A Melbourne-based company is to trial delivering medicines via automated drones to a regional town on the Queensland–NSW border.
Swoop Aero said its devices, which can withstand 50km/h winds and heavy rain, will fly in and out of Goondiwindi at 115km/h. The drone boasts a range of 130 kilometres on a single charge.
The project has been in development for a year and is being funded by the EBOS Group, the parent entity of healthcare providers TerryWhite Chemmart and Symbion.
Eric Peck, CEO at Swoop Aero, said, “The drone will fly in and out of a central point in Goondiwindi with the flight path fully automated and approved by CASA, deliver the customers products, then return to base ready for its next job. After a little training, it is very easy to operate.
“Our aircraft do not have onboard cameras filming in-flight but are instead guided by a three-tiered communications system consisting of mobile internet, satellite communications and Data Link.
“The sound of one of our drones taking off is similar to a bus starting its engine, and lasts for only up to around 10 seconds until the plane reaches cruising altitude, at which point during normal cruise flight the noise is imperceptible over normal background noise.”
Swoop Aero said it is currently working with CASA and relevant authorities to ensure all requirements are met, with the launch of the service remaining subject to regulatory approvals.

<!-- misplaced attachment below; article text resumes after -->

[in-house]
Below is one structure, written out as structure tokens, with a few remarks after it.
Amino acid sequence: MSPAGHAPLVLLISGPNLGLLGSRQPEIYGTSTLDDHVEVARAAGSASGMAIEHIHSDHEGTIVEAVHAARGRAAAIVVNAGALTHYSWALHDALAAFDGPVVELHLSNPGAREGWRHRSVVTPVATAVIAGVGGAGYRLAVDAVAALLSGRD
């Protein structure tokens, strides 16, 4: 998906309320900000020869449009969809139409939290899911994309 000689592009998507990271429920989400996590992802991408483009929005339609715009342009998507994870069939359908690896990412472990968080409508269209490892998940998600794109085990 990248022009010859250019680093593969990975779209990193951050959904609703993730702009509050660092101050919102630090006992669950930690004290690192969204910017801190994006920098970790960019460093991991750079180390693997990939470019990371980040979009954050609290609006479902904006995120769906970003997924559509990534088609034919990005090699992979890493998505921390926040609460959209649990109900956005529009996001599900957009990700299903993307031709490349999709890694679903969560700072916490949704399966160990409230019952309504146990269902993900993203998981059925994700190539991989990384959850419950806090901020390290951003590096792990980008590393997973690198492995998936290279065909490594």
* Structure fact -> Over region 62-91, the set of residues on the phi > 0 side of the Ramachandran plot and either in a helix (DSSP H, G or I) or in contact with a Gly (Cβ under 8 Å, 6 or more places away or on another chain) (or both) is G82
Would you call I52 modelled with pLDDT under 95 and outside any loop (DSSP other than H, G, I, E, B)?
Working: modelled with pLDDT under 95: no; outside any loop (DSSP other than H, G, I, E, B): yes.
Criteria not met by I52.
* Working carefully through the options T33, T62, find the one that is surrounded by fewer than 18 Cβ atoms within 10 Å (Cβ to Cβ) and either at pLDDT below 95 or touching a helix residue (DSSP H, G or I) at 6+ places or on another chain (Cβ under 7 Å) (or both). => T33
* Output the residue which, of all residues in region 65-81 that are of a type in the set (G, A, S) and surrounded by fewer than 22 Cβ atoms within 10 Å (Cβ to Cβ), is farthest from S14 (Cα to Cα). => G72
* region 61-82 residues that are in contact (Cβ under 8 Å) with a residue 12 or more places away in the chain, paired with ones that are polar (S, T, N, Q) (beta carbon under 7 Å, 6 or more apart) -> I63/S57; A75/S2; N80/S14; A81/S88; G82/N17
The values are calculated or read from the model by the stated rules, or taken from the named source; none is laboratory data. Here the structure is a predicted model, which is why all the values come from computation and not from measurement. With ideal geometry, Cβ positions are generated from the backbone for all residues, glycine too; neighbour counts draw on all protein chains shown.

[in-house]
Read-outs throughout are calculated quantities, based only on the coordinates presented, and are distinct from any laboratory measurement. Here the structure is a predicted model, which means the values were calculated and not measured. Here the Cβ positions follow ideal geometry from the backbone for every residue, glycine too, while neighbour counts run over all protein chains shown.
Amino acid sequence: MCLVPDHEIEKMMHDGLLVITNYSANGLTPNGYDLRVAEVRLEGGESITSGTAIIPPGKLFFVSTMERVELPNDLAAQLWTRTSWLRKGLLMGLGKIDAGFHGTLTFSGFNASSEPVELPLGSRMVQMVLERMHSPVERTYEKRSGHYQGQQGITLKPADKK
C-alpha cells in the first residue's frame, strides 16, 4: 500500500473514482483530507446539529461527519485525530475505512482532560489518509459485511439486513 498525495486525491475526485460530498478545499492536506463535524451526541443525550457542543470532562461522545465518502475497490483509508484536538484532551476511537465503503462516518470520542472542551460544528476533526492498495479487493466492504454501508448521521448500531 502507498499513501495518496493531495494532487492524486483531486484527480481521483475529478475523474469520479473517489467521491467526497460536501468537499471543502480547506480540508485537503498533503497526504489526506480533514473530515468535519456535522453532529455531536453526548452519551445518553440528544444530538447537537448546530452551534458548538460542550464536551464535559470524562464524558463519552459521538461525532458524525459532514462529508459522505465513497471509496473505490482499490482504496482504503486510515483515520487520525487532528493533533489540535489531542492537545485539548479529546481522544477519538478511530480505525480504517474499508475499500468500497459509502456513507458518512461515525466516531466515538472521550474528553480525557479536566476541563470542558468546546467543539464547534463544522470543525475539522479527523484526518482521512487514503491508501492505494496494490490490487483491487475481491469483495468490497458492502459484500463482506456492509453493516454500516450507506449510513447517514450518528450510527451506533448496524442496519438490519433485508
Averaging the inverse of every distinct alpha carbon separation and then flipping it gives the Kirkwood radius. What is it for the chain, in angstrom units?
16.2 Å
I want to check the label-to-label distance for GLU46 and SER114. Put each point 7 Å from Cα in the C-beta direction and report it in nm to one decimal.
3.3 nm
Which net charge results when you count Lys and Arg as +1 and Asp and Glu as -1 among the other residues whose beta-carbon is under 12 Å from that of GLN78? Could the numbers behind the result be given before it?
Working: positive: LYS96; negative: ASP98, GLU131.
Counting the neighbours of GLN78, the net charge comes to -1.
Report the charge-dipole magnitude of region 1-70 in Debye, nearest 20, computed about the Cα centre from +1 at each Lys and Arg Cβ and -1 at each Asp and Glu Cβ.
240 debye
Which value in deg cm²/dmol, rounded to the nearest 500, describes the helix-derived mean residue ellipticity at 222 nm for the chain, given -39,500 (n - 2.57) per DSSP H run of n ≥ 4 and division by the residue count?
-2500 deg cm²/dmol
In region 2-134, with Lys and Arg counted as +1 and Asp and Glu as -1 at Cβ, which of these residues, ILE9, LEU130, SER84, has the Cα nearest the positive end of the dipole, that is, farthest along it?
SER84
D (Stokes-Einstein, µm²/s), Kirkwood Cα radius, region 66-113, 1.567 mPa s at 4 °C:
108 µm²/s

Goondiwindi pharmacist Lucy Walker said, “Many of my customers live on farms or small towns in outlying areas. In some cases, a visit to our pharmacy to collect their vital medicines may mean a three-hour round trip.
“Importantly, we will learn a great deal from the trial, what works well, and what may need improving. We can use these learnings to not only fine tune the service to our community but also share with other regional TerryWhite Chemmart pharmacies around Australia who may be looking to investigate a drone delivery service.
In June 2020, Australian Aviation reported how Swoop secured an eight-figure sum from an investment round.
The business said it would use the money from Right Click Capital and Tempus Partners to establish a presence in New Zealand and certify its aviation systems for more operations.
The business has generated headlines since its foundation in 2017, including by being the first company in the world to remotely pilot commercially used drones from another country.
Swoop flew PPE in Malawi during the COVID-19 pandemic, while piloting the aircraft from Australia.
It’s also been behind a series of pioneering projects, including transporting a vaccine to a baby on a small Pacific island in conjunction with Unicef.
The aircraft flew 40 kilometres across rugged mountains in Vanuatu that otherwise take hours to cross by road. The company says around 20 per cent of children in the country don’t receive important vaccinations because the supply is too difficult.